I also just recently discovered that Sichuan province was the heart of the Shu Han kingdom, with Chengdu, the capital of Sichuan, also being the capital of Shu. This isn’t super relevant to the food-scene, but is important for students of the Romance of the Three Kingdoms, or fans of the Dynasty Warrior games, since it now means we all imagine Guan Yu eating spicy chicken and giggling about Sichuan peppercorns. (Tragically, since hot peppers are actually a new world crop, we have to acknowledge that Guan Yu’s spicy chicken probably wasn’t SUPER spic, but we can hope.)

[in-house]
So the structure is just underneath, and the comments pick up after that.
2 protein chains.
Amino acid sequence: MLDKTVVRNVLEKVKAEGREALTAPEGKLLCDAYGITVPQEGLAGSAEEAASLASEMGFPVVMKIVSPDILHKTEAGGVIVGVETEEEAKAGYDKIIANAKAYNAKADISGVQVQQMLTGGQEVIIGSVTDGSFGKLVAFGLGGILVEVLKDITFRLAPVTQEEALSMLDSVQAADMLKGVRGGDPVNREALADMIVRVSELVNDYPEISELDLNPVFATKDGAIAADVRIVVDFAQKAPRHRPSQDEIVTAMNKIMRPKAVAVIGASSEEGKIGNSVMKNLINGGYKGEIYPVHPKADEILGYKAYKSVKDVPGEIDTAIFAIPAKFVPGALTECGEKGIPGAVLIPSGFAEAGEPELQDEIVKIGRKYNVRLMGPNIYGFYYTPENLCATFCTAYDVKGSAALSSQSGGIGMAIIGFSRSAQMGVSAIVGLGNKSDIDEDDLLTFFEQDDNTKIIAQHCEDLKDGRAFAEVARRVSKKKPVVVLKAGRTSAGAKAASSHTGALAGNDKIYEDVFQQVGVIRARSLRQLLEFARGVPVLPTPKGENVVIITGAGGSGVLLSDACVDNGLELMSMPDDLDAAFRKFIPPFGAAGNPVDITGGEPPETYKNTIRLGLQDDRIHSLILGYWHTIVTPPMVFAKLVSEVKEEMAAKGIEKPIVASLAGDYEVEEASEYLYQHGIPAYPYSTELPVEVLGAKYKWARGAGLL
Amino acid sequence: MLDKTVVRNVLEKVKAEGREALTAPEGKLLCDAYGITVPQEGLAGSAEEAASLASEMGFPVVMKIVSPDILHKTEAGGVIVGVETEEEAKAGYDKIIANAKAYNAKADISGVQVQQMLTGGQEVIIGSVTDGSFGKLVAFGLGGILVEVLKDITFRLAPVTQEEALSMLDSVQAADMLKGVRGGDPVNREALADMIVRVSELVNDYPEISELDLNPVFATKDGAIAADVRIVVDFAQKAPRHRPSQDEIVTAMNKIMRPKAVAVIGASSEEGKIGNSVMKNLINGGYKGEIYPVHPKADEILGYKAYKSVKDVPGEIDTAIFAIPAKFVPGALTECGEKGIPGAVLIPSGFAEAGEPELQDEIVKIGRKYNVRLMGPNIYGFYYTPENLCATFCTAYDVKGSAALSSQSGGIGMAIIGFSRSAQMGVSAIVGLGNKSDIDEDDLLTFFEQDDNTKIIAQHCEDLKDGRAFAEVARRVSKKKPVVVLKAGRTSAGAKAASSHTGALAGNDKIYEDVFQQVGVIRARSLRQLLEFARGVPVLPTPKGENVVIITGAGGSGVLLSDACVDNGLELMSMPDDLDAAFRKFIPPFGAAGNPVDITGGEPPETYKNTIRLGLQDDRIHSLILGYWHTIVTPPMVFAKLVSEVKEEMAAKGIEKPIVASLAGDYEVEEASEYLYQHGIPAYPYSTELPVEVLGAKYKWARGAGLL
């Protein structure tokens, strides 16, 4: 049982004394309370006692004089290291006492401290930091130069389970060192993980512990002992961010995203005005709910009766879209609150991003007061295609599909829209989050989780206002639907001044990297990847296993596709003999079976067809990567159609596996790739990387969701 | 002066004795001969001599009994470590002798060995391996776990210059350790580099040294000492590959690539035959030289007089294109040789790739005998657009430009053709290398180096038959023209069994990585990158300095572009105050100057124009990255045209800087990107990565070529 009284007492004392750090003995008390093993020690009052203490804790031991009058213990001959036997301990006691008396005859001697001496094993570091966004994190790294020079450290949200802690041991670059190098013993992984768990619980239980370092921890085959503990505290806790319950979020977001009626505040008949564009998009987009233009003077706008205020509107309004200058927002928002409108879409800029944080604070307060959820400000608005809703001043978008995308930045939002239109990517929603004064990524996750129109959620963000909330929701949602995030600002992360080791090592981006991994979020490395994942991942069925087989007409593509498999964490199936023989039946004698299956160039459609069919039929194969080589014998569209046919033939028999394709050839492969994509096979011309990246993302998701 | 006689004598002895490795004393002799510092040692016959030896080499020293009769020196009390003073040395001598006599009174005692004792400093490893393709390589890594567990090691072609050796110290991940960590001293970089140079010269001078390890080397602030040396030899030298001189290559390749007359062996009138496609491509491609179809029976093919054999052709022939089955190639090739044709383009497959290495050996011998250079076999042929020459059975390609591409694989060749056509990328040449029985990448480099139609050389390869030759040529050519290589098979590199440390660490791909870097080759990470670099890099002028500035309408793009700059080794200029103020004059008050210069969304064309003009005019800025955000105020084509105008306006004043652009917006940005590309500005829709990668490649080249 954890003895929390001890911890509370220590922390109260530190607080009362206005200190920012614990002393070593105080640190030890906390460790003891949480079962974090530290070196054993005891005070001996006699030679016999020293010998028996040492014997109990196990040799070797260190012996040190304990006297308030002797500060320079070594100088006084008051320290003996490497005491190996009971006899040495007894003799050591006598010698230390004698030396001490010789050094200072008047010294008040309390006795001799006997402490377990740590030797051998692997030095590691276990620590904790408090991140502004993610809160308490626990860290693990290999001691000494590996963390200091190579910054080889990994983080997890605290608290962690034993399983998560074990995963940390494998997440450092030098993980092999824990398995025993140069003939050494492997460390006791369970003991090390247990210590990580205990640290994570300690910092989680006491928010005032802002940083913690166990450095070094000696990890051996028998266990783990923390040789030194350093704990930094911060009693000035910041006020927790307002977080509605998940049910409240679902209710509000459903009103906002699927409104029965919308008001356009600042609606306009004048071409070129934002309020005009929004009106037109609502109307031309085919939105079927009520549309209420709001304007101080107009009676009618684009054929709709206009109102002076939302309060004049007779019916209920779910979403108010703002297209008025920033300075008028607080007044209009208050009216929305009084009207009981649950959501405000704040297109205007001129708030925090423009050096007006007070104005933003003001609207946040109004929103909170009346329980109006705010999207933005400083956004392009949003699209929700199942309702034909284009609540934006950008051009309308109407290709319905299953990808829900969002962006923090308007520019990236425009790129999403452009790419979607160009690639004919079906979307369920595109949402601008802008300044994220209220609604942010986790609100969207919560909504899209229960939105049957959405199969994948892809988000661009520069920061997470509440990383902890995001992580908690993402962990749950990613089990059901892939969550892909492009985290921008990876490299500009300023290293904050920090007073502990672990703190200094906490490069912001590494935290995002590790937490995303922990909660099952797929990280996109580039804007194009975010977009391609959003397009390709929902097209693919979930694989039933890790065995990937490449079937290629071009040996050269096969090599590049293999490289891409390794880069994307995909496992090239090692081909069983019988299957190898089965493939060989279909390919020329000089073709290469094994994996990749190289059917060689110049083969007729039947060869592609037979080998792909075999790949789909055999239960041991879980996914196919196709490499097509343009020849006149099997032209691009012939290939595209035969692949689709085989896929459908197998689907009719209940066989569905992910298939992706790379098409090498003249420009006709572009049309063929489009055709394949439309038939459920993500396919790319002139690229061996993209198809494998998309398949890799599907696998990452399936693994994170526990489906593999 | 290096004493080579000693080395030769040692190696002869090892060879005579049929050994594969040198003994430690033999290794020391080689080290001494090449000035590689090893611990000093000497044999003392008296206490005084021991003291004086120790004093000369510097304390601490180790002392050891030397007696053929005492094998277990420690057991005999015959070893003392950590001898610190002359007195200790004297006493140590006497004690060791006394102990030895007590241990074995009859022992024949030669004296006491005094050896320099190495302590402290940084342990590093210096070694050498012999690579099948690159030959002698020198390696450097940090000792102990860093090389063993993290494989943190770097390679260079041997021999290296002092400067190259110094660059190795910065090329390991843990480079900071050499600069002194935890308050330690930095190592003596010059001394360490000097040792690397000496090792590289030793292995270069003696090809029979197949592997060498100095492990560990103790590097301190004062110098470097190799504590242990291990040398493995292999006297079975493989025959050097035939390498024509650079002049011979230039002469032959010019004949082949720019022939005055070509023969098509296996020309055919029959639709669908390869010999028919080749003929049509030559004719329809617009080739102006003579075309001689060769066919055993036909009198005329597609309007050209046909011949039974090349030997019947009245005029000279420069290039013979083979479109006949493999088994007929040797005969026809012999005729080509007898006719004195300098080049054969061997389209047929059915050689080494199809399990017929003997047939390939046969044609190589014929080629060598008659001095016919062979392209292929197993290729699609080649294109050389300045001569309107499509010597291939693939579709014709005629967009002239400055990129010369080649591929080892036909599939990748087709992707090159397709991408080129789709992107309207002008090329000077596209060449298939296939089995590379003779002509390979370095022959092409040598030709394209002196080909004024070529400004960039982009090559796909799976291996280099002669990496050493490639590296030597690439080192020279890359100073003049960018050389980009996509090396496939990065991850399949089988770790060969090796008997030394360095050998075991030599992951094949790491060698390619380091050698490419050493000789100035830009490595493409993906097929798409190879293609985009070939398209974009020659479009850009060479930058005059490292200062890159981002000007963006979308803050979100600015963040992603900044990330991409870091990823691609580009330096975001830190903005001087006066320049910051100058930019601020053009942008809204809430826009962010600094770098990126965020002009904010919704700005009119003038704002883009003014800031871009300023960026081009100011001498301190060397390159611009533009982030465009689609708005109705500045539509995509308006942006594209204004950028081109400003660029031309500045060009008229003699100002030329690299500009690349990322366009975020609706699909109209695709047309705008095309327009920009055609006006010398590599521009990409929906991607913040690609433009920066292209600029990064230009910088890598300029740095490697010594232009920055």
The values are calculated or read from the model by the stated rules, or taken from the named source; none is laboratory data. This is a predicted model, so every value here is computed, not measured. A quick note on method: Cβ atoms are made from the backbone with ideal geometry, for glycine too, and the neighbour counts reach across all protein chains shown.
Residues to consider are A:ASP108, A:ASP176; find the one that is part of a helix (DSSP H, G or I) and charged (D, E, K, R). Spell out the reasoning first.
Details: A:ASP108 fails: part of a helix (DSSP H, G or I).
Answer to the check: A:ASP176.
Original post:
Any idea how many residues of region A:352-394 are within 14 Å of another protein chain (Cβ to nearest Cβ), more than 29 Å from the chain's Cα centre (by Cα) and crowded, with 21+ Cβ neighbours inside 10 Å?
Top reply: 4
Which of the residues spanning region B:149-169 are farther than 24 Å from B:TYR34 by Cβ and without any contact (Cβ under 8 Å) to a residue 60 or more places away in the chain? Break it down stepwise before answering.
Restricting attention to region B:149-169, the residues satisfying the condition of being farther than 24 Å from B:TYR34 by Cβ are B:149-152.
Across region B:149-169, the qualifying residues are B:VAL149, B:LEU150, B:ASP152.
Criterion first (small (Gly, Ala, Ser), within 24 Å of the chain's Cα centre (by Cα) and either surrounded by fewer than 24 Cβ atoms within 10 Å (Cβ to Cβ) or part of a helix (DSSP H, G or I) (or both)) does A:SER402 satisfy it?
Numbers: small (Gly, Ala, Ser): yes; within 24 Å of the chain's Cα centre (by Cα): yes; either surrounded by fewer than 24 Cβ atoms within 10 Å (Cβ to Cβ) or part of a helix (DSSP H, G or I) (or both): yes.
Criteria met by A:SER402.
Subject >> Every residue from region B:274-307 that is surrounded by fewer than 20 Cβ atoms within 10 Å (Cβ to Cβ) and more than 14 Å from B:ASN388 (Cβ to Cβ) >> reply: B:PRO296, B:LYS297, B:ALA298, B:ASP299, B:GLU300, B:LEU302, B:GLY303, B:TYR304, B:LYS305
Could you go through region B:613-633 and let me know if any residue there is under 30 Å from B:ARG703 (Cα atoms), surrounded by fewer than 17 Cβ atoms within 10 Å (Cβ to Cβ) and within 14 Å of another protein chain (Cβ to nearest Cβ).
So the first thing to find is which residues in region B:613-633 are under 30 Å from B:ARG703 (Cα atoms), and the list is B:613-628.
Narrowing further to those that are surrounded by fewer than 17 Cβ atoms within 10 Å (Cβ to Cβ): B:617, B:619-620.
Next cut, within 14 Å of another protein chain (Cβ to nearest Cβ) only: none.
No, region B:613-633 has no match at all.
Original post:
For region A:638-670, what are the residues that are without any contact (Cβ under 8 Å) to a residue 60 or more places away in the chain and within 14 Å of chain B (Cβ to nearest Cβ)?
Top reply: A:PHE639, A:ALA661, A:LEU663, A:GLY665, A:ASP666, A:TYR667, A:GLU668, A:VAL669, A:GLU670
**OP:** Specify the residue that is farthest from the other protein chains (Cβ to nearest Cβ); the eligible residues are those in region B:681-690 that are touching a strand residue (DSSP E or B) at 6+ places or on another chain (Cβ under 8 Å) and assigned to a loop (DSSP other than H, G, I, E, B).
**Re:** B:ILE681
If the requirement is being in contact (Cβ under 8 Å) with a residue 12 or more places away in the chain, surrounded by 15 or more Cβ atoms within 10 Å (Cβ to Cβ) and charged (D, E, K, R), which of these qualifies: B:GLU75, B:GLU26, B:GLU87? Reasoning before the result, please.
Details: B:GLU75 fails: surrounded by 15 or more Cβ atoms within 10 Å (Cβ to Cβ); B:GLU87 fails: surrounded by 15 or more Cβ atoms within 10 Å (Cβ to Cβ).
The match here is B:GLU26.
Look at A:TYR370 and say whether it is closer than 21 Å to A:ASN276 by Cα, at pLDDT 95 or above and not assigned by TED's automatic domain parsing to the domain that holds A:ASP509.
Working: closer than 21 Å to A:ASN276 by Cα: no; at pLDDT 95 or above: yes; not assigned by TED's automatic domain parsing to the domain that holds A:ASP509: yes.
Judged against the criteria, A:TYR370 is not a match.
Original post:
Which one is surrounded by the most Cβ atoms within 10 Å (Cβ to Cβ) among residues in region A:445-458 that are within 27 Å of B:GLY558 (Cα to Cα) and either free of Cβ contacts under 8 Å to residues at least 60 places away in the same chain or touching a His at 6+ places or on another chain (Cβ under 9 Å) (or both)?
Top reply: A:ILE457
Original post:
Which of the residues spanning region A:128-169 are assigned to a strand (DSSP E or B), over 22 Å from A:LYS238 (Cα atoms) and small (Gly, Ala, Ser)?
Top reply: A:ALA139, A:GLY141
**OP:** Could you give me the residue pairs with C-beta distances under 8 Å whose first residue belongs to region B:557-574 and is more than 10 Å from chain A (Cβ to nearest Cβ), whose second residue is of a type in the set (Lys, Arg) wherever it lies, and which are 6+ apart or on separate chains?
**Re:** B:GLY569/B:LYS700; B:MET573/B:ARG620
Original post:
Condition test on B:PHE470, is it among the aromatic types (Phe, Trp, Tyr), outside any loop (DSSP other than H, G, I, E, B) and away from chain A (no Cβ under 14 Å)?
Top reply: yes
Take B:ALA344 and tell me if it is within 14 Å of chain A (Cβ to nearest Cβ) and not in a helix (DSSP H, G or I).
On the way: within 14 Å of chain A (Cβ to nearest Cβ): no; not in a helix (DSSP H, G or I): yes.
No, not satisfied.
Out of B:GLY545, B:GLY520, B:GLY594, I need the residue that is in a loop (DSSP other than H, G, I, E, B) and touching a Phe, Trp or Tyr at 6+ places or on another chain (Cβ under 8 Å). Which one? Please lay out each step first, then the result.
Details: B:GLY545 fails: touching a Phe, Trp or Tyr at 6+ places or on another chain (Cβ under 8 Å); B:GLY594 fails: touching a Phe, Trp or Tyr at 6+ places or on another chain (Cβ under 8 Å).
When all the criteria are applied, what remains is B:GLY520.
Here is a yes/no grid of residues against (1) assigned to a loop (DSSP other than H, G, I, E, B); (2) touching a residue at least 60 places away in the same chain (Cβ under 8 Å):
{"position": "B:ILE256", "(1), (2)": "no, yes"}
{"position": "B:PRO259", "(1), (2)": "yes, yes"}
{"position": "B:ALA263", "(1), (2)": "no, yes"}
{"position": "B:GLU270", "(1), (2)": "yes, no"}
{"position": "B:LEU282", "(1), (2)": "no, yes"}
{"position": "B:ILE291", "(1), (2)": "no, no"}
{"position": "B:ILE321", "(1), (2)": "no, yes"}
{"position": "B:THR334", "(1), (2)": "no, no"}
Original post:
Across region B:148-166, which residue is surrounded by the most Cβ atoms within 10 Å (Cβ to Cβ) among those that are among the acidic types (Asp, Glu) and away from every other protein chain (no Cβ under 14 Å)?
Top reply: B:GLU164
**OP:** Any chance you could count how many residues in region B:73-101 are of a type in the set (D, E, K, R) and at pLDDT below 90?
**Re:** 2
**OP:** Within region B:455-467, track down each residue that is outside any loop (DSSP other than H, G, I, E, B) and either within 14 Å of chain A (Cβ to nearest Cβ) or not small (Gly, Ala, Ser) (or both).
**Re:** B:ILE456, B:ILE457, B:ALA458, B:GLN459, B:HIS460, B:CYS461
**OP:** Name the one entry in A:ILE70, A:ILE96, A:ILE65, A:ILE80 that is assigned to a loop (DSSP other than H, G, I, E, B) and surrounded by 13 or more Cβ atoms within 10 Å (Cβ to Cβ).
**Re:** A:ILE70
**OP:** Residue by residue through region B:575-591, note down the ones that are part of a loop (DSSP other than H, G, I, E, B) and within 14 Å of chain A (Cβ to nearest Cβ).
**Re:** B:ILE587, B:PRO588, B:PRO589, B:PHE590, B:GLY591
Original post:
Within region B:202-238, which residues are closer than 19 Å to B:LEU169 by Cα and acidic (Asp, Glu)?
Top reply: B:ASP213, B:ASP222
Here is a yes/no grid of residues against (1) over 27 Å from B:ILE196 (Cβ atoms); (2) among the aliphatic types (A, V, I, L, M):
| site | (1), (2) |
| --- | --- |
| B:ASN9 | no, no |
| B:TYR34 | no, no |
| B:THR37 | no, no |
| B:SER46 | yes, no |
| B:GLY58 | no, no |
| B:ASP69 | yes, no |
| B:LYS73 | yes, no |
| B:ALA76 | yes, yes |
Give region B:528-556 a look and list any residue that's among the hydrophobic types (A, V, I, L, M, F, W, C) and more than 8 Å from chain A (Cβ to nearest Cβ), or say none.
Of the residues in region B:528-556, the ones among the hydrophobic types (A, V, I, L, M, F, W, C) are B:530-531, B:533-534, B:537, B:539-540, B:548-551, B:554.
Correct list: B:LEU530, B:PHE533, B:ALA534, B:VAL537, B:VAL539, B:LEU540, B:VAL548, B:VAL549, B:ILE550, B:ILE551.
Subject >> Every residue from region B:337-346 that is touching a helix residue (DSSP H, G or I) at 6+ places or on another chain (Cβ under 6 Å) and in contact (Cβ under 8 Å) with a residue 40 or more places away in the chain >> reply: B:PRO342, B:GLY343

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Guan Yu was one of many men so rad in life that he was promoted to being a God after his passing.
Presumably, in Heaven, he lives in what he calls a “Guan-dominium”

 Historical hilarity aside, the fact is that Sichuan food is immensely popular in China, and in other countries. It’s considered the heart of Chaun or Western Chinese cuisine, which is one of a couple ways China breaks up their cuisines. (China is, interestingly, one of the few nations with a huge range of terrains: deserts, tropics, temperate and even sub-arctic areas, along with big rivers, mountains, etc. So different regions use different ingredients and methods: meaning that Southeast Chinese food is not like Northern Chinese food, is not like Western, etc.)

But what makes Sichuan distinct, other than the heat? Glad you asked, because I really need to change topics, so here’s a great place for a chapter break.


Pillars of the Porcine Community